It is very easy for parents to load all the aspirations on to the shoulders of an only child. This can become almost an unbearable burden on an only child as they can feel the need to achieve at everything to please their parents. If there are siblings those aspirations can be shared. I speak as an only child who was expected to achieve.....

Chewbecca Fri 22-Apr-16 09:52:05

A with a view to moving to the preferred prep at 8+ (or 10+?).

Your presentation of the pros/cons shows a clear preference to school A & it is a better fit with your aspirations.

teacherwith2kids Fri 22-Apr-16 10:26:59

I feel that there is a point in school choice where 'fits with our values' ends up being a deciding factor, rather than the 'quality' of the school per se - and in your case, you have reached that point.

Like marmaladegranny, I would always go with School B, or very possibly a School C that isn't on your list, because my personal and family values would make school B a better fit for me.

However, it is clear from your description that your values fit better with school A. Thus I suspect if you DID go for school B, you would always be questioning exactly what it is doing, how it is extending your child, is it doing enough - not because the school WOULDN'T be doing enough, but because the school doesn't suit quite comfortably with your values and thus you would be much less trusting of it.

(In our area we have a great comprehensive, and rather second rate private schools. However, there are a variety of families who actively choose the private schools simply because they fit their values, experience and expectations of 'what school is like' better - and while i don't follow their example, I can see why for particular families that IS an over-riding factor)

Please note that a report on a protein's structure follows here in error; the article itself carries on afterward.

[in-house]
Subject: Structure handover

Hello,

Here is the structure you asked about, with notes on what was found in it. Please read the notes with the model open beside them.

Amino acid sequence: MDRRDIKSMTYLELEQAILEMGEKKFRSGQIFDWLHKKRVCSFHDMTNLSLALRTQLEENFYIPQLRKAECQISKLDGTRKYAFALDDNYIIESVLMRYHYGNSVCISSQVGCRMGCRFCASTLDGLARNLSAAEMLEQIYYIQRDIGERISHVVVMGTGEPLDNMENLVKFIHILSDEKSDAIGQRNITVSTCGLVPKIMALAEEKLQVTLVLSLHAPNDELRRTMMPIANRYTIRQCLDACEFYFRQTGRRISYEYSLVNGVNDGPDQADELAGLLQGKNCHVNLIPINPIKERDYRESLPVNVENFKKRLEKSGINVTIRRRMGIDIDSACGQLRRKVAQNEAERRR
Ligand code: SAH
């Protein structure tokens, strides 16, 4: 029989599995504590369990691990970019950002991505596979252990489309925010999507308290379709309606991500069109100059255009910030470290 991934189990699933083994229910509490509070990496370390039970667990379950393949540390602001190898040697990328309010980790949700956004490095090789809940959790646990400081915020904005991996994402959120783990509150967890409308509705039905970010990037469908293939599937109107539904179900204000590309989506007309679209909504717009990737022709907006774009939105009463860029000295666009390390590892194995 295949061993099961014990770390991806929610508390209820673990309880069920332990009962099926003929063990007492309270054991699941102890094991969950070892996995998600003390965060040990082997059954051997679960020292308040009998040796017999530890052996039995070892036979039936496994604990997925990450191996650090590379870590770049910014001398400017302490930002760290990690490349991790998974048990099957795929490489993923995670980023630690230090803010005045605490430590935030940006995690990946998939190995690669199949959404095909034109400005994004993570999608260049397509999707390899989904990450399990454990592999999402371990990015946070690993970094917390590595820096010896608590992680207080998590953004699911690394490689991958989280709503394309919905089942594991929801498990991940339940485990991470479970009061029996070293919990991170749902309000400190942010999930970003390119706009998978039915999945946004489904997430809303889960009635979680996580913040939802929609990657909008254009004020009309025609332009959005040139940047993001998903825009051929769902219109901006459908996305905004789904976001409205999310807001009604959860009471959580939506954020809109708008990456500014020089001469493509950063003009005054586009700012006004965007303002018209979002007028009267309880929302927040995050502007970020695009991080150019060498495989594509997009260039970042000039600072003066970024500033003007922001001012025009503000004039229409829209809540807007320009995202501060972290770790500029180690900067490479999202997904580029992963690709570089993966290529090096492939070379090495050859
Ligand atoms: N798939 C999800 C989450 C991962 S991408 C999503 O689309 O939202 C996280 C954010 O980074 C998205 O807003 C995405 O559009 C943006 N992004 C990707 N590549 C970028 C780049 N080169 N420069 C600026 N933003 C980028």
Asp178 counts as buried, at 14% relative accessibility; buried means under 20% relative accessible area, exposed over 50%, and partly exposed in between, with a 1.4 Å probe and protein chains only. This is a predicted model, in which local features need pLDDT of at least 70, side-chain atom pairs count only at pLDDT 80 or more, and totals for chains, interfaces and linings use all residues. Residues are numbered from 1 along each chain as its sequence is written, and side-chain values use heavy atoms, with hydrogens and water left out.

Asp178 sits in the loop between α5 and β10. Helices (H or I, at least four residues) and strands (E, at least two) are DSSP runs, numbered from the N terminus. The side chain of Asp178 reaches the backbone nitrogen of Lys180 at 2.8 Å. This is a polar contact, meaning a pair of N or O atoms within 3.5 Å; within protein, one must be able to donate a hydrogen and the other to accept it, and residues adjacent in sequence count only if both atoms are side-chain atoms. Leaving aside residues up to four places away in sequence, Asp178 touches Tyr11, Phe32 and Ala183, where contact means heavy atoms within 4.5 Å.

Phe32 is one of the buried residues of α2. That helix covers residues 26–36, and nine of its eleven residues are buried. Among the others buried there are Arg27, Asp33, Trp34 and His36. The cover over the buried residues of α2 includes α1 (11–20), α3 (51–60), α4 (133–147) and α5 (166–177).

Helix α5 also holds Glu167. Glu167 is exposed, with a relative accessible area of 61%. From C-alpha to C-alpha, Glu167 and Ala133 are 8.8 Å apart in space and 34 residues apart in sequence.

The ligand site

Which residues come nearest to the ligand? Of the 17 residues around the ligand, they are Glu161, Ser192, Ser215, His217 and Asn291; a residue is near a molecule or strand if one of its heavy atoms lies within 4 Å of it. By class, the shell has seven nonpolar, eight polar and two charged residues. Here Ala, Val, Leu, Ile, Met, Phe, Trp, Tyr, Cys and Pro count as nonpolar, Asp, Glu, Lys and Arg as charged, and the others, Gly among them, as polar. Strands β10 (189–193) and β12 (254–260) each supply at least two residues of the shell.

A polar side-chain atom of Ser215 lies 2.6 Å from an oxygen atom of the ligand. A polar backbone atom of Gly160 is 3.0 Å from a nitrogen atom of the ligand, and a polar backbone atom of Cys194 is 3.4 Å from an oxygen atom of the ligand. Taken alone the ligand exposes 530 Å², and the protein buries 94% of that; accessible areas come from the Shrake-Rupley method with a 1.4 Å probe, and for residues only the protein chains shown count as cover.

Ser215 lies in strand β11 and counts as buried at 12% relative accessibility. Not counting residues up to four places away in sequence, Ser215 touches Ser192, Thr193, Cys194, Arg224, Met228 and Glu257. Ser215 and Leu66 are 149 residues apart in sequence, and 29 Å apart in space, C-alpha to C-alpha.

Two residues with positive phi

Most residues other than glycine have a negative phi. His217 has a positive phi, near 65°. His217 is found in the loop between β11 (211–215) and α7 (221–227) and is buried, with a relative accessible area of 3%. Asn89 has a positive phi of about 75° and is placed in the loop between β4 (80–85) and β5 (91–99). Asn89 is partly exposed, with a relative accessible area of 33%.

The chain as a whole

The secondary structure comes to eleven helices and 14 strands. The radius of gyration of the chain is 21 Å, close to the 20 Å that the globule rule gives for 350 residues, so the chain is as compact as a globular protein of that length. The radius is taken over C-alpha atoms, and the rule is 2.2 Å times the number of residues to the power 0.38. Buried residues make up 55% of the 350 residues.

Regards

ReallyTired Fri 22-Apr-16 10:30:37

I think that school B topped up with a tutor in later years would achieve your aims and provide a happier childhood.

jewelinthecrown14 Fri 22-Apr-16 10:54:16

Thanks for all your answers.
I personally don't want to pressurise my son but the environment in London seems very competitive and I want him to be able to achieve his best (rather than compete with others) At the same time I don't want to have any regrets later for not giving him the opportunity to achieve his best.
My gut feeling is that he will enjoy the open spaces of the state school and as he grows I feel the limited open spaces of the private school might make him frustrated. And as ReallyTired says I could top up School B with a tutor. I've heard that even with a private school, children still need to be tutored for the secondary entrance exams.
Hoping to decide by today, so please keep the posts coming....

mummytime Fri 22-Apr-16 10:57:07

I'd go for school B - see how your child develops. Then top up with tutors, extra sport etc. as he gets older. Are you thinking of Boarding Prep at 11+/8+?

It does sound like a lot of boys from A move on, maybe to better Preps, and maybe because of the lack of outdoor space. You may well have to "top up" sport here anyway.

State schools have a huge advantage in that they teach you to get on with a cross section of society - which is something you will have to do as an adult anyway.

Crouchendmumoftwo Fri 22-Apr-16 12:46:17

Just putting my penny in here as the mother of a bright 7 year old boy. I'd really go for open spaces and extra clubs. My son though very bright has so much energy and is very sporty and the thing he loves most about his school is playing football and other games during break times! Also sports clubs after school. Playing is extreemly important and it is over these games that he bonds with other boys and forms friendships. You cannot underestimate how important that is in terms of socialisation and becoming a fully rounded happy young man.

mummytime Fri 22-Apr-16 15:23:18